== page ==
Sometimes when I start a trip I just want to get there. I want to pack food, dehydrate the children for a day to avoid the bathroom breaks, and just roll. The more time I can preserve for the final destination, the better.
Other times, I prefer a lazy stroll.
Leaving Laura’s Homestead, we were only about 6 hours from our campsite in the Black Hills, but we would take a dozen to get there. We planned the required stops at the old standards…Corn Palace and Wall Drug…and we threw one new one into the mix.
The Corn Palace is a fine place to stretch your legs. I’ve spent as little as 10 minutes looking at the façade and up to three hours watching the history video and looking at the historic photos that document more than 100 years of corn art.
This year we parked the van, walked through the gauntlet of shops, and looked up expecting to see themes of patriotic splendor wrought from the bounty of these fertile plains, and we were greeted with plywood. They were remodeling and it was just like the tour de scaffold that Karen and I took through Europe in the fall of 1990. We saw all the major sites, but sheathed in steel for renovation.
Undeterred, we went inside. I’ve always wondered about the stadium seating, the stage and the big old pop-up gift shop in the center. This year we asked the woman at the welcome desk what the building was built for. She said, “Just this. It’s always been used for this.”
Phrase your questions carefully.
On out way out, a woman with a Corn Palace t-shirt apologized for the renovation and encouraged us to stop back when it was done next year. We tried the question a different way.
“Do they use this building for anything other than giant seed art?”
And we learned that the gift shop is only inside for the summer months to snag passers-by like us. The rest of the year, the building is used for concerts, plays, and basketball games.
Some big publication, she told us, once did a write-up calling the Corn Palace one of the best places in the country to play a basketball game. She went on to tell about a referee from Arizona who always dreamed of calling a game in the Corn Palace. He went through the training and certification to ref for the state of South Dakota and drove up to Mitchell to officiate the final game of his career.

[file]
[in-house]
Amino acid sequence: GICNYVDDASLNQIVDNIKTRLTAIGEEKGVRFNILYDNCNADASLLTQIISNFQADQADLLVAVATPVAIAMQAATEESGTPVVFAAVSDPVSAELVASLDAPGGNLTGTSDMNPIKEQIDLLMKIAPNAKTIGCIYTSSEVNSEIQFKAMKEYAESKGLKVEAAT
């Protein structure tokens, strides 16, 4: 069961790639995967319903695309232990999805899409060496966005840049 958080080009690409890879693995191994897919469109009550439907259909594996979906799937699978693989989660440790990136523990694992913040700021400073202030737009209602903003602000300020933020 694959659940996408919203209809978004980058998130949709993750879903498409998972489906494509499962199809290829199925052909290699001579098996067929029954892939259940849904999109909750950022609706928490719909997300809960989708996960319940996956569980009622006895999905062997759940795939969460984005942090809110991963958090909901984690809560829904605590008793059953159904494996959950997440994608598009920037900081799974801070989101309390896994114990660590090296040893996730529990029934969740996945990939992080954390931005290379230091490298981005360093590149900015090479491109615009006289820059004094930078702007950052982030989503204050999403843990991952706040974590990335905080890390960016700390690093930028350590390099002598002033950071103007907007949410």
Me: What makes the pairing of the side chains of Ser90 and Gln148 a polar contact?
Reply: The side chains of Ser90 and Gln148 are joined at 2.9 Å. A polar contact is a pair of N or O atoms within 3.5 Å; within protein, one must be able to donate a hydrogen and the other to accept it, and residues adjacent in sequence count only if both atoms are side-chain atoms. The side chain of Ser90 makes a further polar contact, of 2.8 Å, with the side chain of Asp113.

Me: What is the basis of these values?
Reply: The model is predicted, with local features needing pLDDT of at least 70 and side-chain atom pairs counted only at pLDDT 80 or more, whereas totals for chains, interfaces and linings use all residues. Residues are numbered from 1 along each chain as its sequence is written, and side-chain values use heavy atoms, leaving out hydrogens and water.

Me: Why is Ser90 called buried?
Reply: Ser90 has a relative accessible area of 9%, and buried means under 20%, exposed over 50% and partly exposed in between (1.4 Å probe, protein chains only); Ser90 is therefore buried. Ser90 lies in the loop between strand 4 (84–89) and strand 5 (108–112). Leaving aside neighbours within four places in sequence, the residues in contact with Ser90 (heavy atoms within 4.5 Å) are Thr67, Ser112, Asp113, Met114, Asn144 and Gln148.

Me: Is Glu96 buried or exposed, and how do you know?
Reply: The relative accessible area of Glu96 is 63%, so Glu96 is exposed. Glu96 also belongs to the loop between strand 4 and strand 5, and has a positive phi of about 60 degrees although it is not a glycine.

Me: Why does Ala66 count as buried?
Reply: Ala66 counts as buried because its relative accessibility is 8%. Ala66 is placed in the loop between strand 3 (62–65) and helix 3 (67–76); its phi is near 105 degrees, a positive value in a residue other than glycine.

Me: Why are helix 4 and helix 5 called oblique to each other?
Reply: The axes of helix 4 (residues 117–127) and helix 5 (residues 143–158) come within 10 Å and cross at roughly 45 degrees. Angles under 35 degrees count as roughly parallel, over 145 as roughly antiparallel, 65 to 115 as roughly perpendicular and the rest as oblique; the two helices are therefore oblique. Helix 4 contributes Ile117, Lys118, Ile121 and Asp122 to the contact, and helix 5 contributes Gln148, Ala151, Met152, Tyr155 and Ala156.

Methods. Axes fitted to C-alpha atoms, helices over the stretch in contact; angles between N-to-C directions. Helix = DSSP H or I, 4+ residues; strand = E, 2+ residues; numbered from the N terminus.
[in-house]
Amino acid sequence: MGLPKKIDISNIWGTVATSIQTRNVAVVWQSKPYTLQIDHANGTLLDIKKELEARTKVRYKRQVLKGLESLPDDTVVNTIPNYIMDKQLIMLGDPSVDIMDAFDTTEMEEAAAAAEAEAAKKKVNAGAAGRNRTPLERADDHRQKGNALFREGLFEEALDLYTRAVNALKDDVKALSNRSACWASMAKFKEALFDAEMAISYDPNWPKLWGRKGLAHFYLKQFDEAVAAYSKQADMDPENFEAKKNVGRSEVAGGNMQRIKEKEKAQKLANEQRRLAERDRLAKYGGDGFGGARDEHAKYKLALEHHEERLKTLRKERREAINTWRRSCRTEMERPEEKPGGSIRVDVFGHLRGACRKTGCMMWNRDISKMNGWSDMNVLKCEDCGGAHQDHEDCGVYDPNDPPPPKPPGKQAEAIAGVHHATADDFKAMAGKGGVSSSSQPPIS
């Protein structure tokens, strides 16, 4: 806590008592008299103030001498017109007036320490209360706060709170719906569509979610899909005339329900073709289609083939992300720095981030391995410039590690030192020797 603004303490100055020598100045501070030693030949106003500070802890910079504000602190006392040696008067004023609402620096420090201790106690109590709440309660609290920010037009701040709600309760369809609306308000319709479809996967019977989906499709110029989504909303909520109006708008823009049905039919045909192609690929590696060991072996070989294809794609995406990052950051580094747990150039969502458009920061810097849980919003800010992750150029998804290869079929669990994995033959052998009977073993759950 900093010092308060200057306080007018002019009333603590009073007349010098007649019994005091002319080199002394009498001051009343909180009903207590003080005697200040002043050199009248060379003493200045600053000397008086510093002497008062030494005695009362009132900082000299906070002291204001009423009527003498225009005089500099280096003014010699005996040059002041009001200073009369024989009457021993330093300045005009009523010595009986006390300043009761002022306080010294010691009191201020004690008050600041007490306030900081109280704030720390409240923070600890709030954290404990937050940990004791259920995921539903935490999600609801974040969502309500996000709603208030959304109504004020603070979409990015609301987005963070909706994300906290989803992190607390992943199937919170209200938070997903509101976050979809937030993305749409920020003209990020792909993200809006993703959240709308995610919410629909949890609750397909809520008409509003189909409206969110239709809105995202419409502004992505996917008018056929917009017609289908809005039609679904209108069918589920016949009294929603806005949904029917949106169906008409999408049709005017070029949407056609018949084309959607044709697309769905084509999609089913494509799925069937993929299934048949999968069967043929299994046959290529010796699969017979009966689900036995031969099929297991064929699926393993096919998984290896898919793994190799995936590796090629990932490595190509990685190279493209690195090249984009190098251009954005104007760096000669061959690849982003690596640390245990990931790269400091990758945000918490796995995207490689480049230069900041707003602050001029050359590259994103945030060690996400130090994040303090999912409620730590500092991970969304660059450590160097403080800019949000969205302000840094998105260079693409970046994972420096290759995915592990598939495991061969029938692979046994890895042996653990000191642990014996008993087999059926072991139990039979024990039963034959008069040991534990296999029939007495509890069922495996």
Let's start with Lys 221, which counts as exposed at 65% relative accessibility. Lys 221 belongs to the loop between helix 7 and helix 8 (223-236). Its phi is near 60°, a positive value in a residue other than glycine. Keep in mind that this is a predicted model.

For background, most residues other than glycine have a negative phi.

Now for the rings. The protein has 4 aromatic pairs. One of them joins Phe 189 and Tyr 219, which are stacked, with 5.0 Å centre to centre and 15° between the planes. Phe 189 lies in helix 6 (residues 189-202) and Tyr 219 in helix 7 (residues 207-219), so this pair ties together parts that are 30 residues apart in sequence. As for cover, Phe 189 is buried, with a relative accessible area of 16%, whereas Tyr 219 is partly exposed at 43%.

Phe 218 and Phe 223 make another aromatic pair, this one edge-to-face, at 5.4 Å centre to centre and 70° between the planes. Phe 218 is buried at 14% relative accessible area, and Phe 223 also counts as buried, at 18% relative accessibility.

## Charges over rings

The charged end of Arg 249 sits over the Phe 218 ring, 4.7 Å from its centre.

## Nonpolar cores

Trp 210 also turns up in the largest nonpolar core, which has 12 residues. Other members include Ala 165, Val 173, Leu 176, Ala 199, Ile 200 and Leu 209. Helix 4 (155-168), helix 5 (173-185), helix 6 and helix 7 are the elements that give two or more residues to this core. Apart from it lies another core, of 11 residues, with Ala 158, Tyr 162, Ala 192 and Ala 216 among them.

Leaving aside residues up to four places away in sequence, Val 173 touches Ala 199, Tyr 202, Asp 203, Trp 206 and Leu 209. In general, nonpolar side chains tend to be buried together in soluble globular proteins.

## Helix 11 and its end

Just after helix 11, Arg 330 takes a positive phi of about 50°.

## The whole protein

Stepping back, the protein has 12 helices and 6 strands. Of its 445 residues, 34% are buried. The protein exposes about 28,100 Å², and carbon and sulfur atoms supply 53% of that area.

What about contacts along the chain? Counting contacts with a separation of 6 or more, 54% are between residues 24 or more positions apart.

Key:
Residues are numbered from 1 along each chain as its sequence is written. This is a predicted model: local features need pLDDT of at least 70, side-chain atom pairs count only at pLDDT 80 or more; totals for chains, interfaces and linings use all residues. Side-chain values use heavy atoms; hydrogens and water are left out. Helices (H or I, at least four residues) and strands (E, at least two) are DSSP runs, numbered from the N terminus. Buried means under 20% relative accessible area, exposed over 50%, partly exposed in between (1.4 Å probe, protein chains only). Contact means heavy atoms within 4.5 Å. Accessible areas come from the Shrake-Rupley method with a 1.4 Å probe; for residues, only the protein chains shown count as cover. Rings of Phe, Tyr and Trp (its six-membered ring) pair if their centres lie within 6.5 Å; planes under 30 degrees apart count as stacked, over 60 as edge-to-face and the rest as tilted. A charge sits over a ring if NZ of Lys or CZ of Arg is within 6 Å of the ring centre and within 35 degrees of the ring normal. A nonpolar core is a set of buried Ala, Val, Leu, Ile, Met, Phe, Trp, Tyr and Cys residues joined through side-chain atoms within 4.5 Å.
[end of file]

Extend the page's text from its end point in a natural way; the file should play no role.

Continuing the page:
She was proud of her Corn Palace, and she should be. No place like it on earth.
When the renovation is complete, they will put the historic photos back on the inner walls, showing the finished Corn Palace design from years past. I’ve always liked those old photos. The early years show the sidewalks crowded with people. Top hats and bell-bottomed dresses. The horse and buggies over the years turned into Model T’s and then Studebakers. The series of photos felt like a celebration and a time capsule all rolled into one.
But sometime in the 1970’s someone decided the photos should be more professional. They should be cleaner. And they blocked off the sidewalks for the annual photo shoot. From then on, the photos that document the Corn Palace are vacant of people and the building stands alone.
I understand the sentiment. Nothing ruins a scenic photo like a bright yellow Sponge Bob t-shirt. Maybe our classy days of civic life are behind us, and it’s best we don’t capture our casual comfort for posterity.
But, what seems mundane today will feel exotic or quaint in the future. We should embrace it so that future generations may look at us and say, “Ahhhh…look how they lived.” Or, “Eeewww…look how they lived.” And perhaps we should think a little more about those future reactions as we go through our days.
From the Corn Palace it was a 3 hour drive to the Minuteman Missile Silo just south of exit 116 on I-90. I’d show you a photo, but then I’d have to make you disappear.
I’d driven past the site dozens of times and never knew it was there. The site is run by the National Park Service but there are no brown signs announcing it on the interstate. Like it’s still classified information.
A thousand of the Minuteman silos were spread across our nation’s mid-section. They were aimed at the Soviet Union and the Soviet Union aimed theirs at us. We all puffed up our chests until one side went broke and that was the end of the Cold War.
I grew up in the Cold War. I looked down into the silo and saw a missile that once held a nuclear warhead that could have rained hellfire on thousands. I think they used to have nuclear bomb attack drills in elementary schools the way they practice lock downs now. I think they used to have the kids shelter under their desks during those drills. For nuclear bombs. I think maybe we humans play with toys we’re not old enough to use.
There are tickets available to tour the launch facility for the missile sites, but there aren’t many and they are given out on a first come first served basis. We were too late in the day so we will try again on our way home. Now that I know it’s there, I want to learn more.
Wall Drug was our final break of the day. Ted and Dorothy started the place in 1931. Mrs. Hustead was a marketing genius and offered free ice water to any westward travelers who might stop by. The trick worked, their business grew, and now you’ll find a menagerie of roadside kitsch so big it will take three ice cream cones to see it all.
Wall Drug signs line the highway and the tourists line the aisles. I still stop just because. I wander through quickly just to assure myself the place is still there. Yep, there’s the mechanical cowboy band…the giant fiberglass jackalope and the shootin’ gallery. The silver dollar bar is a little less impressive than I recalled as a youth, but the carved wooden hooker I had my photo taken with in 1976? She hasn’t aged a bit.